Afsky

Ofte Jeg Drømmer Mig Død

Written by: RUB on 18/01/2021 12:34:32

In recent years, Denmark has seen a long due rise in diversity when it comes to metal. It is no longer just the Danish death metal sound this country is revered for, but also various other aspects of the extreme metal scene. The rise of Danish black metal, for instance, is still very much an ongoing process, with several nationally renowned newer bands such as ORM, Sunken and MØL just beginning to earn noticeable international attention, with the latter having even been picked up by the mighty Nuclear Blast recently. One of the torchbearers of the genre in the last decade or so has been Solbrud, led by the highly talented Ole Pedersen Luk, and last year he was at it once again with his solo project Afsky (which translates to disgust) and the difficult second album from that project, “Ofte jeg drømmer mig død” (Often I dream myself dead), the title of which is derived from the third song on it, “Imperia”.

Judging by the title alone, it should not come as a surprise that we are dealing with the familiar themes of grief and sadness that are often explored in atmospheric black metal. It is very important to note the cover of the album, which actually depicts the Danish national treasure of H. A. Brendekilde’s work “Udslidt” (“Worn out”) from 1889 and plays into the aforementioned themes of grief, as well as anguish and despair that tend to comprise Luk’s lyricism. The artwork and themes of the album complement each other well, bringing the sorrowful nature of the music to new heights. This is audible when the first track “Altid veltilfreds” (Always satisfied) gets underway. The melancholy produced by a mournful acoustic guitar creates a kind of soothing atmosphere for the album ahead, and the added violin obviously helps underline it, too. After about two minutes, the track properly kicks off and builds up the black metal tension perfectly. As the low-pitched and cold snarls of Luk are added to the dread-ridden atmosphere, they ensure that the soundscape becomes complete, and with lyrics written in a fitting manner faithful to the period reflected in the artwork, one is instantly sucked into the stories Luk has created.

And speaking of the individual songs, every one of them draws direct inspiration (their titles as well as their topics) from old, Danish poems by the likes of Sophus Claussen (“Imperia”), Jeppe Aakjær (“Tyende sang”) and even H. C. Andersen (“Stemninger I & II”). The cold and shivering guitar riffs and blistering drumming in them instantly brings the classic Norwegian black metal sound to mind, and similarly, the lyrics have a constant, heinous feeling about them. And even though Denmark is not famous for its vast mountains, one does get the feeling that one is standing on a distant, snow-capped peak when listening to these tracks. In truth, however, one is actually a peasant living in serfdom, so tired in every fiber of one’s body that one finally collapses in the very field one has been working in for 40 or so years, as the painting by Brendekilde might suggest. And from this, Luk has single-handedly created a masterpiece that not only draws on the Danish cultural heritage, but also pays crystal clear homage to the genre’s origins in Norway.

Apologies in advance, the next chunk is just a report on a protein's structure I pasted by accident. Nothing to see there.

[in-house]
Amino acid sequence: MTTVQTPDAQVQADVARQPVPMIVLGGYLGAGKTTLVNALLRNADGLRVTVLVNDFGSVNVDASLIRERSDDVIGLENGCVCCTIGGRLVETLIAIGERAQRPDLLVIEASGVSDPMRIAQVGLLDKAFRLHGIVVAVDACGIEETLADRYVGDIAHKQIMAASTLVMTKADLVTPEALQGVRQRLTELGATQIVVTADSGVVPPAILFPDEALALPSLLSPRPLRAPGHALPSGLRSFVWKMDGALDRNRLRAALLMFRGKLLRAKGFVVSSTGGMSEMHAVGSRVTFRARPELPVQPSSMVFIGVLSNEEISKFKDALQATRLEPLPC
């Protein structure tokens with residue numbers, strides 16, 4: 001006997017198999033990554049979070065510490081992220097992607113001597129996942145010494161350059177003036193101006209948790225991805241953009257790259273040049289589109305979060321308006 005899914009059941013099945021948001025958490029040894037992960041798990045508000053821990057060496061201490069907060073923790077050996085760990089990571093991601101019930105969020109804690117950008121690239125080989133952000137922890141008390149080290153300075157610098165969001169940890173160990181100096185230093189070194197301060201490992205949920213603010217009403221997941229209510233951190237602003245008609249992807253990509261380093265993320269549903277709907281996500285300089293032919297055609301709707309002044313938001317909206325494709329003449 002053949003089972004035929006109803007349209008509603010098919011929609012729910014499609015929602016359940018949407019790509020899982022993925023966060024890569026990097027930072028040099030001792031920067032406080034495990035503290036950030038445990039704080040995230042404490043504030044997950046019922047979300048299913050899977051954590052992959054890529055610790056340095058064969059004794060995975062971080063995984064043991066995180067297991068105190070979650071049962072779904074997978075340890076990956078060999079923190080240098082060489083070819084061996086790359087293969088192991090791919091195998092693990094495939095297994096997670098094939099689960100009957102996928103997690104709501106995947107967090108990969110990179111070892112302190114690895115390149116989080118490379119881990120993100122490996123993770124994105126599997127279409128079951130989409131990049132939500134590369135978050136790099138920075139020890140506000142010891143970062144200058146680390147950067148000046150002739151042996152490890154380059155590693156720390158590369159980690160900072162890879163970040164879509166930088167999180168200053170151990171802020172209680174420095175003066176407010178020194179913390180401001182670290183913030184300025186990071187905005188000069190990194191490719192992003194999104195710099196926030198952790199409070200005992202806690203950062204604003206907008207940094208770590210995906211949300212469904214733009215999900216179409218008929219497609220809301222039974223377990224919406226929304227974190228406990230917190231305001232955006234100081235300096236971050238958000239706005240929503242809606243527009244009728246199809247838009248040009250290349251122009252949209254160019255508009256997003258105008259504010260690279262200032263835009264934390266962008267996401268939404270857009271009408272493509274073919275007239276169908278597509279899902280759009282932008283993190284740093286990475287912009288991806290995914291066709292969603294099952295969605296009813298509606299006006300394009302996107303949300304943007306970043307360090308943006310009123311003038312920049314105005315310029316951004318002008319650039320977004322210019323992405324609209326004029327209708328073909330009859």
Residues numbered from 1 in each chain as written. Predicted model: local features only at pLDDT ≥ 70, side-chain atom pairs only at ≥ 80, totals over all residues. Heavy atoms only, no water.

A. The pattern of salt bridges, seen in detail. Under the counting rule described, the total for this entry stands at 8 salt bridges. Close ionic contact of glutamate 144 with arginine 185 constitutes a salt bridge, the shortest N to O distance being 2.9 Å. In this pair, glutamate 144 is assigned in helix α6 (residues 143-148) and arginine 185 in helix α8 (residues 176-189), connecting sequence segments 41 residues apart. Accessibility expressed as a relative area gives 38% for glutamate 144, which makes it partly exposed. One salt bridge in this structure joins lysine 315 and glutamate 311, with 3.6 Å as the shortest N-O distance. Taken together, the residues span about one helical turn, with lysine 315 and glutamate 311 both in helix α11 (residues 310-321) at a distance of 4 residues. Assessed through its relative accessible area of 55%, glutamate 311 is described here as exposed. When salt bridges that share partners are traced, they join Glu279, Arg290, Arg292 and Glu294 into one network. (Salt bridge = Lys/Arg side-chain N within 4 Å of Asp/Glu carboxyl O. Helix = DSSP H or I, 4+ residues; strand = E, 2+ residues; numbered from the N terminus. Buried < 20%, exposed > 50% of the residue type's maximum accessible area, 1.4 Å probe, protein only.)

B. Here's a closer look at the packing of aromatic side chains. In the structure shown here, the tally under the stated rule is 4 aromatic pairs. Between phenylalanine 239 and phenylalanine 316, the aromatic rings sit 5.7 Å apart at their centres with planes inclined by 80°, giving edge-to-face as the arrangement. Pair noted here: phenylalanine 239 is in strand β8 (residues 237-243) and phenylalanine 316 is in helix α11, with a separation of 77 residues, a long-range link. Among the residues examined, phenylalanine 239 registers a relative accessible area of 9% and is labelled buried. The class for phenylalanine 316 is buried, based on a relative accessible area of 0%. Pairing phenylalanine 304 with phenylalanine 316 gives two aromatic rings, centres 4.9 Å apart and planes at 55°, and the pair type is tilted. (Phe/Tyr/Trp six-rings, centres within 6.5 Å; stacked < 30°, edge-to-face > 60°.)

Luk’s style of screaming is not unique to the genre, but what is special is the way he writes his songs. What differentiates him from many of his contemporaries is his storytelling style, and although you will probably need the lyrics on a sheet to truly understand the meaning, not to mention simply the words in the songs, you are still likely going to be stricken with awe by virtue of the sheer immensity of the moods created by the instrumentation. As such, even without digging into the lyrics, you can still thoroughly enjoy the album — but in case you are hungry for even more depth, I would highly urge you to give the entire record a spin whilst closely reading the lyrics alongside. This cannot be stressed enough: the record needs to be heard in one long sitting, because while it has drawn inspiration from various writers and poets, the complete soundscape is more like a continuous story, so that when “Angst” (despair) finally brings the album to a conclusion, it should be clear to anyone to what extent feelings of sadness, anguish, misery and, yes, despair, have helped shape this record. The choice of artwork, too, should be of little surprise, as it epitomizes the music to near-perfection.

There is little doubt in my mind that what Afsky has managed with “Ofte jeg drømmer mig død” lifts it to amongst the best Danish releases of 2020 — and perhaps it is even the very best. The way Luk has composed these songs seems very unique to me, at least in a Danish context, and the cold and melancholy atmosphere he has created is nothing short of stunning. Given the way in which extreme metal has evolved in Denmark, I have very high hopes for the future, and if Luk is just getting started here, I can barely imagine where the genre might go next.

9

Download: Tyende sang, Imperia, Bondeplage, Altid veltilfreds
For the fans of: Burzum, Solbrud, Winterfylleth, Wodensthrone, Wolves in the Throne Room
Listen: Facebook

Release date 12.05.2020
Vendetta Records

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